One of the challenges of my job as STEM Learning facilitator for 6 counties, has been that some of those counties (school districts here are by county, so every county is it’s own school district) have very restrictive online access policies … meaning they block almost anything even remotely social – blogs, wikis, photo archiving sites like Flickr and more. In one school district I was working with a group of teachers and pointed out that I’d found one of the above “not-blocked” – my mere mention of the fact was met with “SHHHH!” and, “Don’t tell anyone! If they know its open they’ll block it!” But when I asked if that meant someone was using it they admitted that no they weren’t – for various reasons … none of them about educating children.
I just want to point out that the “T” in STEM stands for technology, and the real power of that technology is learning to learn, sharing learning, collaboration and more. The standards even demand that students collaborate globally, and as I point out often, I don’t think they mean by sending letters back and forth.
Back in November I wrote a post about this issue and asked for feedback on: “What would be the most useful thing we could do to encourage district leaders to rethink their social media policies for teachers/students?” I received some great feedback in the comments section from some really smart people – check them out in the comments on that post. During a Twitter chat I even got a response from Arne Duncan, the US Secretary of Education asking for the names of the districts that blocked these sites. Although I did collaborate with folks from the USDOE after that, it was agreed that having Secretary Duncan contact these school districts directly was probably not the best course of action.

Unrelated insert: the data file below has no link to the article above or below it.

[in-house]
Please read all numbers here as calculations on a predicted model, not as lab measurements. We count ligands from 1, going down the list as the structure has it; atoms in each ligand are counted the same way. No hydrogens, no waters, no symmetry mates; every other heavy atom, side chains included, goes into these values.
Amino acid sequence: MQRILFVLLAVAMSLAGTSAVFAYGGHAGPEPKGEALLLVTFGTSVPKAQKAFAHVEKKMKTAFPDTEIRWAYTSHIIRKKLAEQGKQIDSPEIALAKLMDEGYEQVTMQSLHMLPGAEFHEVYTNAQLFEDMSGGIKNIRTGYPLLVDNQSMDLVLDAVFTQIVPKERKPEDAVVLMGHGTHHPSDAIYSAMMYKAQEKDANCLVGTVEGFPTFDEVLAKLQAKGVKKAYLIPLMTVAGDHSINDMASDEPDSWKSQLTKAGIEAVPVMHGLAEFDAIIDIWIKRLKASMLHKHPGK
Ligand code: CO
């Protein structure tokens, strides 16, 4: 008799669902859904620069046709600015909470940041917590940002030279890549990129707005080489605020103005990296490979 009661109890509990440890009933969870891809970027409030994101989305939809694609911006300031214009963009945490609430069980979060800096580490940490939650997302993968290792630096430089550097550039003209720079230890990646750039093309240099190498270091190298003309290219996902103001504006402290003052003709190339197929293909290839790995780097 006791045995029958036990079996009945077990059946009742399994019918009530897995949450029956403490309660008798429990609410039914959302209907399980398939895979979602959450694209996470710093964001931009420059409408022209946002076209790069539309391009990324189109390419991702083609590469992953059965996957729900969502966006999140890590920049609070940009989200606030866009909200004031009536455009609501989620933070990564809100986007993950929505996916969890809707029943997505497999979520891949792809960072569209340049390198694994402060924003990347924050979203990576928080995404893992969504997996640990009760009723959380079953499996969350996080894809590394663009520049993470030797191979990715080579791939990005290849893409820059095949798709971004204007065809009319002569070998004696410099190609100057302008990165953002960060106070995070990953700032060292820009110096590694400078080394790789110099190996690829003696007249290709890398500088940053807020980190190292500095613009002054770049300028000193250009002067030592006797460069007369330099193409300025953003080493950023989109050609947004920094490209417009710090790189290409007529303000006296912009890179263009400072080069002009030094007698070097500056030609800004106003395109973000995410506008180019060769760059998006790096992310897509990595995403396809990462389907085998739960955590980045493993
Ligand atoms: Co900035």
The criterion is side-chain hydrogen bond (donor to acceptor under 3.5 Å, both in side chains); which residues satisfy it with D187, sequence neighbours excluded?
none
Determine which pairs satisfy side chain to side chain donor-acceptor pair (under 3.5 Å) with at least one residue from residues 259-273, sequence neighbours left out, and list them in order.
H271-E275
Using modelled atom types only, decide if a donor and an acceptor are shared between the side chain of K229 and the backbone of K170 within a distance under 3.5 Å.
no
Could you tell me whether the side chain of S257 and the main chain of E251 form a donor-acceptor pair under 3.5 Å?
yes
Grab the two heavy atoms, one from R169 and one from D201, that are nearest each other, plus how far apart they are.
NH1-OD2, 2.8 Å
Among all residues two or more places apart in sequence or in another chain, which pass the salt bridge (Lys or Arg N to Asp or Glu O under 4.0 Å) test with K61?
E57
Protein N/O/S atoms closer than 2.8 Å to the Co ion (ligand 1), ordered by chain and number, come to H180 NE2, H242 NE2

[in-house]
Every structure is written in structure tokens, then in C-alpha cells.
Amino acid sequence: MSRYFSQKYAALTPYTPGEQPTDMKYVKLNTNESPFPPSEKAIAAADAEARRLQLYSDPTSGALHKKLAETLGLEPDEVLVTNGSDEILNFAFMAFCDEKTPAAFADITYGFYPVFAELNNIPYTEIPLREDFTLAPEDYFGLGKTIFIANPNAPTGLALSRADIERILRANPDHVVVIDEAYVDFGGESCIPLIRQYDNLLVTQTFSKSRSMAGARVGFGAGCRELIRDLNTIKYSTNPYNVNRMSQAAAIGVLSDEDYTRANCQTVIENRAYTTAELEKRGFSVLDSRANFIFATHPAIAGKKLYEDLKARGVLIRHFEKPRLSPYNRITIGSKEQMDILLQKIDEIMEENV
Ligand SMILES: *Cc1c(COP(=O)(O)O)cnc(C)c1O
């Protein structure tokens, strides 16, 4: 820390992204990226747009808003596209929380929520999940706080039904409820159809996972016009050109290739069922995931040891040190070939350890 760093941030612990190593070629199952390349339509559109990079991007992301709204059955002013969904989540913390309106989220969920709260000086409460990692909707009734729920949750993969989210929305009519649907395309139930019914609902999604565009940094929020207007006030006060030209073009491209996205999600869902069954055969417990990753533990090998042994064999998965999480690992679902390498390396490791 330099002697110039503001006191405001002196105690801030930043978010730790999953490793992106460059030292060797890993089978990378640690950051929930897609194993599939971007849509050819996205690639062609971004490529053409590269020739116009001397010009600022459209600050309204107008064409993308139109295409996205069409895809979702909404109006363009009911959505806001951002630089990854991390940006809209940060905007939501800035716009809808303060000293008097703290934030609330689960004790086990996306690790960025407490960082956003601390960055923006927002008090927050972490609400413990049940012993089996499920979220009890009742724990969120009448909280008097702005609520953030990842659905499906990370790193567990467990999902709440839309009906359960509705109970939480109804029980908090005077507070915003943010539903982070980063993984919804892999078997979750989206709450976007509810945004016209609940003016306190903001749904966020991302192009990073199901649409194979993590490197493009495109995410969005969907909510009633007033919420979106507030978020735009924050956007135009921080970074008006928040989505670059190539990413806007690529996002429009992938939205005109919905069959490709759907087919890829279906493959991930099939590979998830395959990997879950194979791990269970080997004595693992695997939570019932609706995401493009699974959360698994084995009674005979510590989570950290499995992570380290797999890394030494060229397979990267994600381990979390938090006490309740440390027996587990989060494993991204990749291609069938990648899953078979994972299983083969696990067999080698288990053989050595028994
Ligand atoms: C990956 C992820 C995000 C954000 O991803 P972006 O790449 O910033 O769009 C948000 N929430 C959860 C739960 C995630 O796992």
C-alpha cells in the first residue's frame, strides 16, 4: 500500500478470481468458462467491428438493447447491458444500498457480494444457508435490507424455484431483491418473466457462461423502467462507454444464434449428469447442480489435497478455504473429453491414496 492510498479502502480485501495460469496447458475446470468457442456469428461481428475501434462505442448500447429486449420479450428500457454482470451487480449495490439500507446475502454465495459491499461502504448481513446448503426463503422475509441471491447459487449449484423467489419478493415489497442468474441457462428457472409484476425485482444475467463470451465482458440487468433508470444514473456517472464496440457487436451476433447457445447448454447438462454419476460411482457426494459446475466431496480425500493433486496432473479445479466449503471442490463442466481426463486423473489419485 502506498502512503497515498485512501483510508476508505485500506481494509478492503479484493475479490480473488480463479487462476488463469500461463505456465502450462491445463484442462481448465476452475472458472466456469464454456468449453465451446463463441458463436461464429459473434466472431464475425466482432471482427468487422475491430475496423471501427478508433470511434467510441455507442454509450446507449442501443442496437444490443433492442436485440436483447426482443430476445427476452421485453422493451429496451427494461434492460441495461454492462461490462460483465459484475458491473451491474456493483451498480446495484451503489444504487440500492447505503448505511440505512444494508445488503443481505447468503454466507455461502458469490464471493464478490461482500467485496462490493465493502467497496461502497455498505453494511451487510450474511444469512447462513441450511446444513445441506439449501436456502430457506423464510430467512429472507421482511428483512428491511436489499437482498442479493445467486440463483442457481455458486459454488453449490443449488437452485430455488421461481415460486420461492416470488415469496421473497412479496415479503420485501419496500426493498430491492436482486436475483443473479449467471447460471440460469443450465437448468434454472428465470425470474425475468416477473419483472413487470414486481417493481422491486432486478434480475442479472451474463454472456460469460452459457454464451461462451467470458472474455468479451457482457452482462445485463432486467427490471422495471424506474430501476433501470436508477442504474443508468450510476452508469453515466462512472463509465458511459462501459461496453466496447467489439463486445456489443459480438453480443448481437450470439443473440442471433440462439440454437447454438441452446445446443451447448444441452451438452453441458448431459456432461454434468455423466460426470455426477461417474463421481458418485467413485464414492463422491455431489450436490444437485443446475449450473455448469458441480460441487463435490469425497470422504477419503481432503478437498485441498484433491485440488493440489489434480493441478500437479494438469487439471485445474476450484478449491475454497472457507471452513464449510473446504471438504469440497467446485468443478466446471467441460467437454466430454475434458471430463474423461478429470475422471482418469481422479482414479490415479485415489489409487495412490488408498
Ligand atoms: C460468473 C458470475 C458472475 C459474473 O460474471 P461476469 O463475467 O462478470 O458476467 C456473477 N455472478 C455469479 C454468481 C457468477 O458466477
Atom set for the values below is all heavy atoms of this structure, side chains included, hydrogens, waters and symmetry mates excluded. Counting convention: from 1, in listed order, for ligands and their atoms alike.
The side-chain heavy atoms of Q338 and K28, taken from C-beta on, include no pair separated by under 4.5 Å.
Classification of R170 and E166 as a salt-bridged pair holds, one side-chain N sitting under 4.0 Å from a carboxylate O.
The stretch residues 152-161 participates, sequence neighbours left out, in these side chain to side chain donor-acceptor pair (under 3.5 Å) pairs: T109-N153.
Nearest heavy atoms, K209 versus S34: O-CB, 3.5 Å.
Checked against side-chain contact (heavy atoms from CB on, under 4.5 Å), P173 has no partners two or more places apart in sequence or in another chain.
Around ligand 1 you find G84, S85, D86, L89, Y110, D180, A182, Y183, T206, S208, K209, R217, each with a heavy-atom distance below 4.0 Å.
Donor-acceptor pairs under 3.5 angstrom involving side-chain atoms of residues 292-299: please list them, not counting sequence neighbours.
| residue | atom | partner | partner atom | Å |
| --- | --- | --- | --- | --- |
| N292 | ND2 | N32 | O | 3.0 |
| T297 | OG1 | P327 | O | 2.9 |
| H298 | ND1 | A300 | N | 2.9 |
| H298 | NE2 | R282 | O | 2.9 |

Instead we ramped up our campaign of information – both gathering information about what led the opposition to access, and disseminating information about safety and the reality of the various laws on internet and information use and access that many were misinterpreting to mean if they gave access to anything social on the internet they’d lose their e-rate funding.
In December I was invited to present to one district’s EdTech committee. I used a 2-pronged approach. I showed them numerous examples of the powerful use of these technologies and applications as learning places. Collaborative projects, how blogging can be used to motivate writing, editing, communicating, collaborating and more – wikis, video-conferencing, Google Docs and more – I have many examples right from my own classroom, but also with the many teachers and students my classes collaborated with over the years.
Next I pointed out the realities from laws designed to keep students safe online (the ones that lead folks to believe they’ll lose their e-rate funding and be sued). I was able to use numerous sources to point out that the law, in a nutshell, states that you must basically show that you are trying hard to keep students safe, if something then goes wrong you are OK (slightly more complicated than that).
The good news is, that that school district has “green lighted” a pilot program of blogging in one of their elementary schools with 4th graders. Tomorrow I meet with the teachers at the school to get their blogs set up and a bit of training … then Tuesday I’m back all day to get each class started to blog and post a few times to get the process down as a first step. I noted last week while visiting the school that wikis are now unblocked and even Flickr (but almost no one uses them yet or even realizes that they are unblocked), so we have a foot in the door!
I’m not nervous at all to work with the teachers tomorrow, but I don’t get to work with students more than a handful of times a year anymore, and so I can tell I have that combination of being both excited and nervous about being in a classroom … like the first day of school feeling. I’ll keep you updated.
Learning is messy!